09.30.2010 0

Recovery Summer and Stimulus: Week in Review

  • On: 10/04/2010 10:08:25
  • In: Economy
  • By Adam Bitely

    Over the past week, we examined Maine, Vermont, Tennessee, Arkansas and Alaska to see the effects that the “Summer of Recovery” and “stimulus” had in those states. The data further proves that the “stimulus” has had little effects on job recovery.

    For instance, every state we have examined this past week has had an increase in unemployment except for Vermont. Maine, Tennessee, Arkansas and Alaska have had an overall increase in their unemployment rates of between 0.5% and 1% since January of 2009. In Vermont, the unemployment rate has dropped by 0.2% in the same timeframe.

    Oddly, states that received a higher amount of “stimulus” were not likely to have a better outcome. Alaska received nearly $2 billion in “stimulus” monies while the unemployment rate increased by 0.6% since January of 2009. In Arkansas, a state that has a labor force roughly four times larger than Alaska and received nearly the same amount of “stimulus,” the unemployment rate increased by 0.9% since January of 2009. It is apparent that the amount of “stimulus” a state receives has no bearing on the overall jobs situation.

    The notion that the more “stimulus” a state receives the better off it is can be completely debunked if you look at Vermont. Alaska and Vermont have a similarly sized labor force of about 360,000 people. Vermont received just over $750 million in “stimulus” while Alaska scored nearly $2 billion. But the unemployment situation improved in Vermont and not in Alaska. Further, Vermont received over 1,000 less “stimulus” awards but is better performing on employment.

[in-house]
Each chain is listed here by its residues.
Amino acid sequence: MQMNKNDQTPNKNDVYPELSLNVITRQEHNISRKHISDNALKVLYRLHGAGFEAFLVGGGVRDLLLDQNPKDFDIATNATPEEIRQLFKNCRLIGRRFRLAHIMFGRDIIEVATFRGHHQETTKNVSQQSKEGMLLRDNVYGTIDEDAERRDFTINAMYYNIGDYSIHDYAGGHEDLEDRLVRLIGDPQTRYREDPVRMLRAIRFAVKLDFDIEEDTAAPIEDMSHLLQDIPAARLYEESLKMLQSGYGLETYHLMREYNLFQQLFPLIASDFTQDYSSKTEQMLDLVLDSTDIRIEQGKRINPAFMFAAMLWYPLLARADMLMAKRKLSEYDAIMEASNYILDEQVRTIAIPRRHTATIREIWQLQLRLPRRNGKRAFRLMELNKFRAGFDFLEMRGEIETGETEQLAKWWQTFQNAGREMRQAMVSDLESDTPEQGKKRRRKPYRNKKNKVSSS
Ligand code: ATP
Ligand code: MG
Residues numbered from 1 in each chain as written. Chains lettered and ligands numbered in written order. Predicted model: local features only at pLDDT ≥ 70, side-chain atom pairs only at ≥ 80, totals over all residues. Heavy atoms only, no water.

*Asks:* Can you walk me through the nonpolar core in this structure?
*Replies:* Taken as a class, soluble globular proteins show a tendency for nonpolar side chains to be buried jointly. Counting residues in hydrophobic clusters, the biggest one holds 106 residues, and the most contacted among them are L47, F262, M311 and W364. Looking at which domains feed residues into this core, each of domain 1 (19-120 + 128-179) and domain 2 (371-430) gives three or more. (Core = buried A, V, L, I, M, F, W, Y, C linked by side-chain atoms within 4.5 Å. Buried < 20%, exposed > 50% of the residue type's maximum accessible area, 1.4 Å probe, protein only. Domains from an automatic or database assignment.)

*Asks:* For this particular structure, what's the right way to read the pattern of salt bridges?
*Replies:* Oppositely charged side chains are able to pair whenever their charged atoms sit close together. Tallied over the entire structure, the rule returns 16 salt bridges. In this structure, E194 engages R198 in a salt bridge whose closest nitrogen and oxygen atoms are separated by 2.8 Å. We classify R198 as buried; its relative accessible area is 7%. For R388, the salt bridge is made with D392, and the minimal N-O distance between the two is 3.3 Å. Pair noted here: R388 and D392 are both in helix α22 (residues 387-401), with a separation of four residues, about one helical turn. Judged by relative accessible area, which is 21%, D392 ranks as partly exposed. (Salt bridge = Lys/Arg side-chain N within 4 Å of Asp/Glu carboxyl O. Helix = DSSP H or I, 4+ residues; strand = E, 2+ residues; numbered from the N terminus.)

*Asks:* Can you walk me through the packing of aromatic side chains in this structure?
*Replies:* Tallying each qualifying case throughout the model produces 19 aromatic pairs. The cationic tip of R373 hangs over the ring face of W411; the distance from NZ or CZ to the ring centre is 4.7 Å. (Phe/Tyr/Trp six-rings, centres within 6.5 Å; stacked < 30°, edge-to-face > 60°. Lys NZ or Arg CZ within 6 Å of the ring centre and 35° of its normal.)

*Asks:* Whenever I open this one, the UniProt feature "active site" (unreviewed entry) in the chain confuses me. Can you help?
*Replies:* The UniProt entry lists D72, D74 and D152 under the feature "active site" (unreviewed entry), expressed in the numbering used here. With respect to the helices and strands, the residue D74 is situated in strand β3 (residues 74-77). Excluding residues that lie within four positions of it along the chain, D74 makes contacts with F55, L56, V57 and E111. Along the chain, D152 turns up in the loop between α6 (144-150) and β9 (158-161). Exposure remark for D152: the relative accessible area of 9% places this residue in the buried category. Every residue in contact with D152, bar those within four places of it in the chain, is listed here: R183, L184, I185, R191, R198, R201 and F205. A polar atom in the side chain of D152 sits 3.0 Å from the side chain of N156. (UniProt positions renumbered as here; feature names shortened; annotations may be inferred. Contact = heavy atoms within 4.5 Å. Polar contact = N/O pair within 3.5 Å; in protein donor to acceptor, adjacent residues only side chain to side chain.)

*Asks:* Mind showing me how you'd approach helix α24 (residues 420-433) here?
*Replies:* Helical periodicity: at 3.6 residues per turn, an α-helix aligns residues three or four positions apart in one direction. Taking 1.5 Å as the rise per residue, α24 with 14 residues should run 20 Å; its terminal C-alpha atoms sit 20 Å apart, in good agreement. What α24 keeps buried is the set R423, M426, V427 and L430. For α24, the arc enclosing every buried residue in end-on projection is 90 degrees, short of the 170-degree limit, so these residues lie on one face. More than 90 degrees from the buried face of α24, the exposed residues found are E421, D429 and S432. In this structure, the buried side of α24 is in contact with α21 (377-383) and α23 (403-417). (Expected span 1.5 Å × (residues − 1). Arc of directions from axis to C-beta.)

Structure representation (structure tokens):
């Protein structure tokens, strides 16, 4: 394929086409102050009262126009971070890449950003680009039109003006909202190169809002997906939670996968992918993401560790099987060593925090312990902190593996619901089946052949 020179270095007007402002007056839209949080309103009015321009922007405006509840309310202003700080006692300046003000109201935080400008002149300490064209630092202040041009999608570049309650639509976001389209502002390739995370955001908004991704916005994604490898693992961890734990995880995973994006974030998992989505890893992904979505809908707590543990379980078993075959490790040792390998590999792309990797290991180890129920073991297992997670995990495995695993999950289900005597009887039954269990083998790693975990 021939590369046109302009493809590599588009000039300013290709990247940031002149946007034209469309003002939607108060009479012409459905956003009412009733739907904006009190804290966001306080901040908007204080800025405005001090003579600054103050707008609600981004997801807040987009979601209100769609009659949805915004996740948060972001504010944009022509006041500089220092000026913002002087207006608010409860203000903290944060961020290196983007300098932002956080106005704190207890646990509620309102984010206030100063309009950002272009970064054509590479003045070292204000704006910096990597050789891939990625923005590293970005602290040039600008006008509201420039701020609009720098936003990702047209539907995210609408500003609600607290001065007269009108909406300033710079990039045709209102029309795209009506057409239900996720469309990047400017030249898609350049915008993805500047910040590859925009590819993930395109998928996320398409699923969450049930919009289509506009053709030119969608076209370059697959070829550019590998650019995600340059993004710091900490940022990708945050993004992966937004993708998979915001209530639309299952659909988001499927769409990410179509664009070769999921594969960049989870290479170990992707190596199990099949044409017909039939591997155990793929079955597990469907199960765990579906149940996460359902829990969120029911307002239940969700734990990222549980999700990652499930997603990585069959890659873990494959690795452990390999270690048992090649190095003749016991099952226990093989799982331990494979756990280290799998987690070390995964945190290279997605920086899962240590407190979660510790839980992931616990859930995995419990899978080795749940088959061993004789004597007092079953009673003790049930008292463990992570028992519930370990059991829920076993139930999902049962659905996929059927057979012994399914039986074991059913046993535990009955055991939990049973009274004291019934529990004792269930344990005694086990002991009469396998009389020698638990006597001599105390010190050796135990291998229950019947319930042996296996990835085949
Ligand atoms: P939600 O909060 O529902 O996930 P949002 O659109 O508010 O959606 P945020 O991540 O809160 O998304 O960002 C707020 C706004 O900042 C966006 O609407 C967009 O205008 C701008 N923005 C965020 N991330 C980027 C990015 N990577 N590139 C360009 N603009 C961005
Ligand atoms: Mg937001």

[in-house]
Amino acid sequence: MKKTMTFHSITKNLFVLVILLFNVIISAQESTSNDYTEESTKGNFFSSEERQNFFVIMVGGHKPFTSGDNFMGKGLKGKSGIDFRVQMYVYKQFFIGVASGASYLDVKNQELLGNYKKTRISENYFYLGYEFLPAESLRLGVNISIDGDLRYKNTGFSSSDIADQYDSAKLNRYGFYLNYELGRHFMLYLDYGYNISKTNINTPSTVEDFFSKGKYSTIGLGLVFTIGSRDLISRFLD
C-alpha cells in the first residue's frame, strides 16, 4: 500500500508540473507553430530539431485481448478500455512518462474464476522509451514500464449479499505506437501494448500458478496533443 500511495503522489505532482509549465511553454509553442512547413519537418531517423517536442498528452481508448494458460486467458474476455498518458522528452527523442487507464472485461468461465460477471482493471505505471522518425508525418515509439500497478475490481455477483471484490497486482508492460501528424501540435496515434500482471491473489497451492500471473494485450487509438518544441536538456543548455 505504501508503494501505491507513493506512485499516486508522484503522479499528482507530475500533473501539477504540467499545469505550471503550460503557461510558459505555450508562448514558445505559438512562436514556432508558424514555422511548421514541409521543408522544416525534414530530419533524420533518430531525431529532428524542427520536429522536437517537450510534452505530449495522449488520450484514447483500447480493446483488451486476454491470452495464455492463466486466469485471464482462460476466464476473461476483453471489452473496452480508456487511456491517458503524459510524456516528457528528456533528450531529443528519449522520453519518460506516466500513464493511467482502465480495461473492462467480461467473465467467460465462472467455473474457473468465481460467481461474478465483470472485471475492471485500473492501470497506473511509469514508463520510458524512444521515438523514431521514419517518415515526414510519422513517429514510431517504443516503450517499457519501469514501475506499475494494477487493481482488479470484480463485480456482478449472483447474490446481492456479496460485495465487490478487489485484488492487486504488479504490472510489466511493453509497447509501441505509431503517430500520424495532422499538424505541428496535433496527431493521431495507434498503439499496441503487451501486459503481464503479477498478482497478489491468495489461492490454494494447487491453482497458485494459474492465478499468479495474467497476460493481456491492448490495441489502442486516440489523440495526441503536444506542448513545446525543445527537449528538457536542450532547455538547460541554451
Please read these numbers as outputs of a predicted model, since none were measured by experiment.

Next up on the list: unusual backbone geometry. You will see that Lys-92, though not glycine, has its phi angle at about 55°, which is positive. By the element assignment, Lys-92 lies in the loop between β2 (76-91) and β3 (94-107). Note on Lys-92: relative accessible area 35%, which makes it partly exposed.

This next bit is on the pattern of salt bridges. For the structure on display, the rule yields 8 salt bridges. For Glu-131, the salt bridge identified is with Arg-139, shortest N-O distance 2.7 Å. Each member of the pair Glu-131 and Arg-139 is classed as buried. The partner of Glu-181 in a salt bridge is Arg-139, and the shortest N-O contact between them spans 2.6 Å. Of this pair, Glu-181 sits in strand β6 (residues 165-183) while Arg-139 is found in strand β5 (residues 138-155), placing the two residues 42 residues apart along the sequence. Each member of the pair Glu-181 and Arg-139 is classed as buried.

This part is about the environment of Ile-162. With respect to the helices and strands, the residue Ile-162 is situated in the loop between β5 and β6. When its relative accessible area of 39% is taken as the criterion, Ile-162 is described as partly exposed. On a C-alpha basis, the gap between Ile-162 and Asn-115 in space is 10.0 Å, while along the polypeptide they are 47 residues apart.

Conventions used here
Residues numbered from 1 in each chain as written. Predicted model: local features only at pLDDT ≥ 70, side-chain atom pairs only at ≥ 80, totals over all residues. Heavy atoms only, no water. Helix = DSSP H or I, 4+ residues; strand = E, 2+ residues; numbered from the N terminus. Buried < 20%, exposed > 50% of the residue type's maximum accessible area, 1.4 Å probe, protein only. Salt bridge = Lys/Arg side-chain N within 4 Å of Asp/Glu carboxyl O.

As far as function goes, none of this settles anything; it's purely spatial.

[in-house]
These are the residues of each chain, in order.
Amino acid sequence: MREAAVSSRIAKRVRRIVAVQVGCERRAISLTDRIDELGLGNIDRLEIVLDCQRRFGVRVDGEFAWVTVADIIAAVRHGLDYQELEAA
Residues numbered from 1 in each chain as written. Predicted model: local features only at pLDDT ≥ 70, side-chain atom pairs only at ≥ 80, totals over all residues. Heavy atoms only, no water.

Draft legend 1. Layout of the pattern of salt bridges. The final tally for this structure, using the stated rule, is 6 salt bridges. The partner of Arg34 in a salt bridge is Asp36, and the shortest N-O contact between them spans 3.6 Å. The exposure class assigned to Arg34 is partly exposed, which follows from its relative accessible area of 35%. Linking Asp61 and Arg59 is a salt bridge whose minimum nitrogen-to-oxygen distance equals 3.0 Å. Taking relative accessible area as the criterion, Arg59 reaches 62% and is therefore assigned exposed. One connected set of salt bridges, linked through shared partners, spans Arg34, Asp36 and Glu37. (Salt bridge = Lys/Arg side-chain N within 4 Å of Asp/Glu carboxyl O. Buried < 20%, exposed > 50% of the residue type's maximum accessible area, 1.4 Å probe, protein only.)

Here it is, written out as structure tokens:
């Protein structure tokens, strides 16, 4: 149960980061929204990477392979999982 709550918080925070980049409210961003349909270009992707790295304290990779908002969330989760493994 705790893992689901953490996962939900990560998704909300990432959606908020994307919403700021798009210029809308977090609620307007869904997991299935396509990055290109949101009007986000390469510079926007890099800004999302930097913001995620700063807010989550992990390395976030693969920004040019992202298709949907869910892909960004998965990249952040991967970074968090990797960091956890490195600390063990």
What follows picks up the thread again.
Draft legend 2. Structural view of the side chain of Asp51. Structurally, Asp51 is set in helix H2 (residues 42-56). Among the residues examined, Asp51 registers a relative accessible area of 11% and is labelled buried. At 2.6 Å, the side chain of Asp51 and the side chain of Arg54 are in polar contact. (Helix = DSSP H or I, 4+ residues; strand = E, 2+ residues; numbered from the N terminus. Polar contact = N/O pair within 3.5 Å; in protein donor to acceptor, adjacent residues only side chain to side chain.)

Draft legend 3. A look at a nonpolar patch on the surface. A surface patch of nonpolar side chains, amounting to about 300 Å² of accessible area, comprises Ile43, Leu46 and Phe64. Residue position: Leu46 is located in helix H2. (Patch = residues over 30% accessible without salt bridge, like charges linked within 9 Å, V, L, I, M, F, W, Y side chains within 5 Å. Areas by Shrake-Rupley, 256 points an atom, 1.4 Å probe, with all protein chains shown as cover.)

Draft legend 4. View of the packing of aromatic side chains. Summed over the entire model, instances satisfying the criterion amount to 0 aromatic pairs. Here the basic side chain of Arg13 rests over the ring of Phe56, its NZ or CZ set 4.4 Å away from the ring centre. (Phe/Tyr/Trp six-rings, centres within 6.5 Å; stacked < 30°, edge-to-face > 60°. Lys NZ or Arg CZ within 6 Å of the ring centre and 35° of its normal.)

But just look to Tennessee to see a state that has received a considerable amount of “stimulus” and has not had a better employment report. Since January of 2009, the unemployment rate in Tennessee has increased by 0.6% and hangs just below 10%. Tennessee did receive nearly $5 billion in “stimulus” but the economy is doing far worse now than it was before the “stimulus” came in. There is no evidence from the government’s own employment reports that supports that the “stimulus” has led to a net gain of jobs.

    It is also important to note that according to the “Summer of Recovery” activity map provided by the White House, the only state that we examined over the past week that had any projects this summer was Tennessee—and they only had 3.

    As we continue to examine the effects of the “stimulus” and the “Summer of Recovery” we will look for emerging trends that further illustrate how little the Big Government programs employed to create a “recovery” have done to reach any level of effectiveness. Please visit NetRightDaily.com to continue following this series.

    Adam Bitely is the Editor-in-Chief of NetRightDaily.com.


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